The Kennet and Avon Canal, opened in 1810, crosses the parish. A wharf at Honeystreet served the local area and a rural industrial area developed around it, including a firm of barge builders – Robbins, Lane, and Pinniger – who continued until the 1950s.
The Barge Inn was built at Honeystreet in 1858, replacing an earlier building, to cater for those living and working on the canal. It was designated as Grade II listed in 1987. In 2010, following the closure of the business, local volunteers successfully applied for funding to aid its reopening from the Village SOS lottery fund. In 2011 the project was the subject of episode 2 of Village SOS on BBC One. The group ceased to run the pub in October 2012.
William Button (by 1503–1547, landowner) is buried in Alton Priors church, as is his son, also William (1526–1591). Both were Members of Parliament, as were two more family members: Ambrose (c.1549–c.1608) and Sir William Button, 1st Baronet (c.1584–1655).
Distinguished rectors of Alton Barnes include Richard Steward (c. 1593–1651, royalist churchman), rector from 1630; William Crowe (1745–1829, poet) from 1787; and Augustus William Hare (1792–1834, writer) from 1831.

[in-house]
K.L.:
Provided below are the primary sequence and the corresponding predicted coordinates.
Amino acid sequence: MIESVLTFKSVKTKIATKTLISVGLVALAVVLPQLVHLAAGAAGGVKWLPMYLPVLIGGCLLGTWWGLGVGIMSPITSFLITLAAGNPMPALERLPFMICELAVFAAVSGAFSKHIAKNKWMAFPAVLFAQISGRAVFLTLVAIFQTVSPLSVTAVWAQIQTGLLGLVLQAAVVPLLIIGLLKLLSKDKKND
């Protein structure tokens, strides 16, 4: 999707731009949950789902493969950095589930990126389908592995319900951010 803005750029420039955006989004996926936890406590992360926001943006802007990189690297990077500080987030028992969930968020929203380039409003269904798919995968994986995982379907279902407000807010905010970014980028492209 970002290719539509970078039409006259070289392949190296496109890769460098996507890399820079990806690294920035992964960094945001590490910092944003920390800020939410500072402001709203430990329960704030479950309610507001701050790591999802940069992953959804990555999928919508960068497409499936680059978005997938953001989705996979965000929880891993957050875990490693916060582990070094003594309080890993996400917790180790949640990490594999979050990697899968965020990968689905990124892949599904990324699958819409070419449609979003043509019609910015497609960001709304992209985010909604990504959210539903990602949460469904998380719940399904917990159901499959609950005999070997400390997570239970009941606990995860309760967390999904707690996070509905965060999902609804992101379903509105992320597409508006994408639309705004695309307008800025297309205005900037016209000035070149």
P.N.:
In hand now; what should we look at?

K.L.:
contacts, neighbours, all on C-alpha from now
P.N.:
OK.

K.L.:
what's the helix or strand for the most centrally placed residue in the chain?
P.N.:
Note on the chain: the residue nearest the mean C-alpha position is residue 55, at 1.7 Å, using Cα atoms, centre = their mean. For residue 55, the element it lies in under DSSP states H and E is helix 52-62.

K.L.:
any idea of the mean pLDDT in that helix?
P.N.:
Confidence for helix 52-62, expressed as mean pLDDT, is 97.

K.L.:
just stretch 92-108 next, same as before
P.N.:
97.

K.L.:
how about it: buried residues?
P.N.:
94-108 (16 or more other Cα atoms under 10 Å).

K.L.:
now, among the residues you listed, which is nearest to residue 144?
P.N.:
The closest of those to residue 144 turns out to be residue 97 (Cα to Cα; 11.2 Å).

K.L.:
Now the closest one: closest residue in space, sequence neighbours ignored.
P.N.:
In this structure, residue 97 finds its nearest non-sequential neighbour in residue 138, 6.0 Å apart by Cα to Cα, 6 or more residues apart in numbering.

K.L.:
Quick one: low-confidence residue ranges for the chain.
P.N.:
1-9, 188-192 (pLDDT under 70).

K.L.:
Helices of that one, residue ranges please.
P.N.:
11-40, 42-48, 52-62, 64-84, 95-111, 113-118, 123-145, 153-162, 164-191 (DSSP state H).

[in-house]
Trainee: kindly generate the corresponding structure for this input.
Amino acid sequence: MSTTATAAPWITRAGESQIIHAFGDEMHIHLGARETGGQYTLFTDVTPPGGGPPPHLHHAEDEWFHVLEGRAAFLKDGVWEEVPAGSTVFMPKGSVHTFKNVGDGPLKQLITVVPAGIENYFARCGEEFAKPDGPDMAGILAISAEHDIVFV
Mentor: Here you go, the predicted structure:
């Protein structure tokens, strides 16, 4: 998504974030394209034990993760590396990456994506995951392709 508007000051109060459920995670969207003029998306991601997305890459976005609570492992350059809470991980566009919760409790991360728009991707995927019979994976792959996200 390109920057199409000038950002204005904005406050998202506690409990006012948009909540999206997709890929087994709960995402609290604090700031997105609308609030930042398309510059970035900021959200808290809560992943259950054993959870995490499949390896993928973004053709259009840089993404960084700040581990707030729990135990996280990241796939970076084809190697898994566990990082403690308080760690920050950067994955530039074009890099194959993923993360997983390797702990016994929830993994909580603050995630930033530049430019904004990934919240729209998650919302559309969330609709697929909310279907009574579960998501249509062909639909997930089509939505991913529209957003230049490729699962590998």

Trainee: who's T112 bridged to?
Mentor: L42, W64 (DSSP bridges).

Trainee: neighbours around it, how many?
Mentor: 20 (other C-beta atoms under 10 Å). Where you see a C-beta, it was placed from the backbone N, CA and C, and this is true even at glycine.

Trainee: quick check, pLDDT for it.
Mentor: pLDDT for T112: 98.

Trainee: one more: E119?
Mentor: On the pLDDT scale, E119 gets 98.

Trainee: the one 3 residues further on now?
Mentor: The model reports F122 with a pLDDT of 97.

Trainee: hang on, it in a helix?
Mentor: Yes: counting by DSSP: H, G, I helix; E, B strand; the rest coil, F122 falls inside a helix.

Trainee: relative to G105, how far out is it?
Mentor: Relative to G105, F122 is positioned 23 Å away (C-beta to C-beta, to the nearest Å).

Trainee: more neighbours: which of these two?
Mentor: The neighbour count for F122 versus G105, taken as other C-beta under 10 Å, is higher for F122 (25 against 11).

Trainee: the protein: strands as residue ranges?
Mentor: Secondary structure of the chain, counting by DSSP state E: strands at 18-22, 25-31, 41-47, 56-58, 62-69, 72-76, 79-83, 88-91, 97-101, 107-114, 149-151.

In popular culture
The Barge Inn at Honeystreet was a filming location for a 1998 episode of Inspector Morse, an adaptation of The Wench Is Dead. In 2013 the white horse, Adam's Grave and the Barge Inn featured in an episode of Walking Through History, presented by Tony Robinson on Channel 4.
Alton Barnes White Horse
The figure is the third largest white horse in Wiltshire. The Pewsey White Horse can be seen from Milk Hill (the location of the horse). The figure is featured in Staying Out for the Summer, a music video for a song of the same name by Dodgy.
Since the late 1970s Wiltshire has become known for crop circles (patterns created by flattening a crop, usually of cereal). In 1990 a pattern at Alton was used on the cover of the Box Set compilation by rock band Led Zeppelin.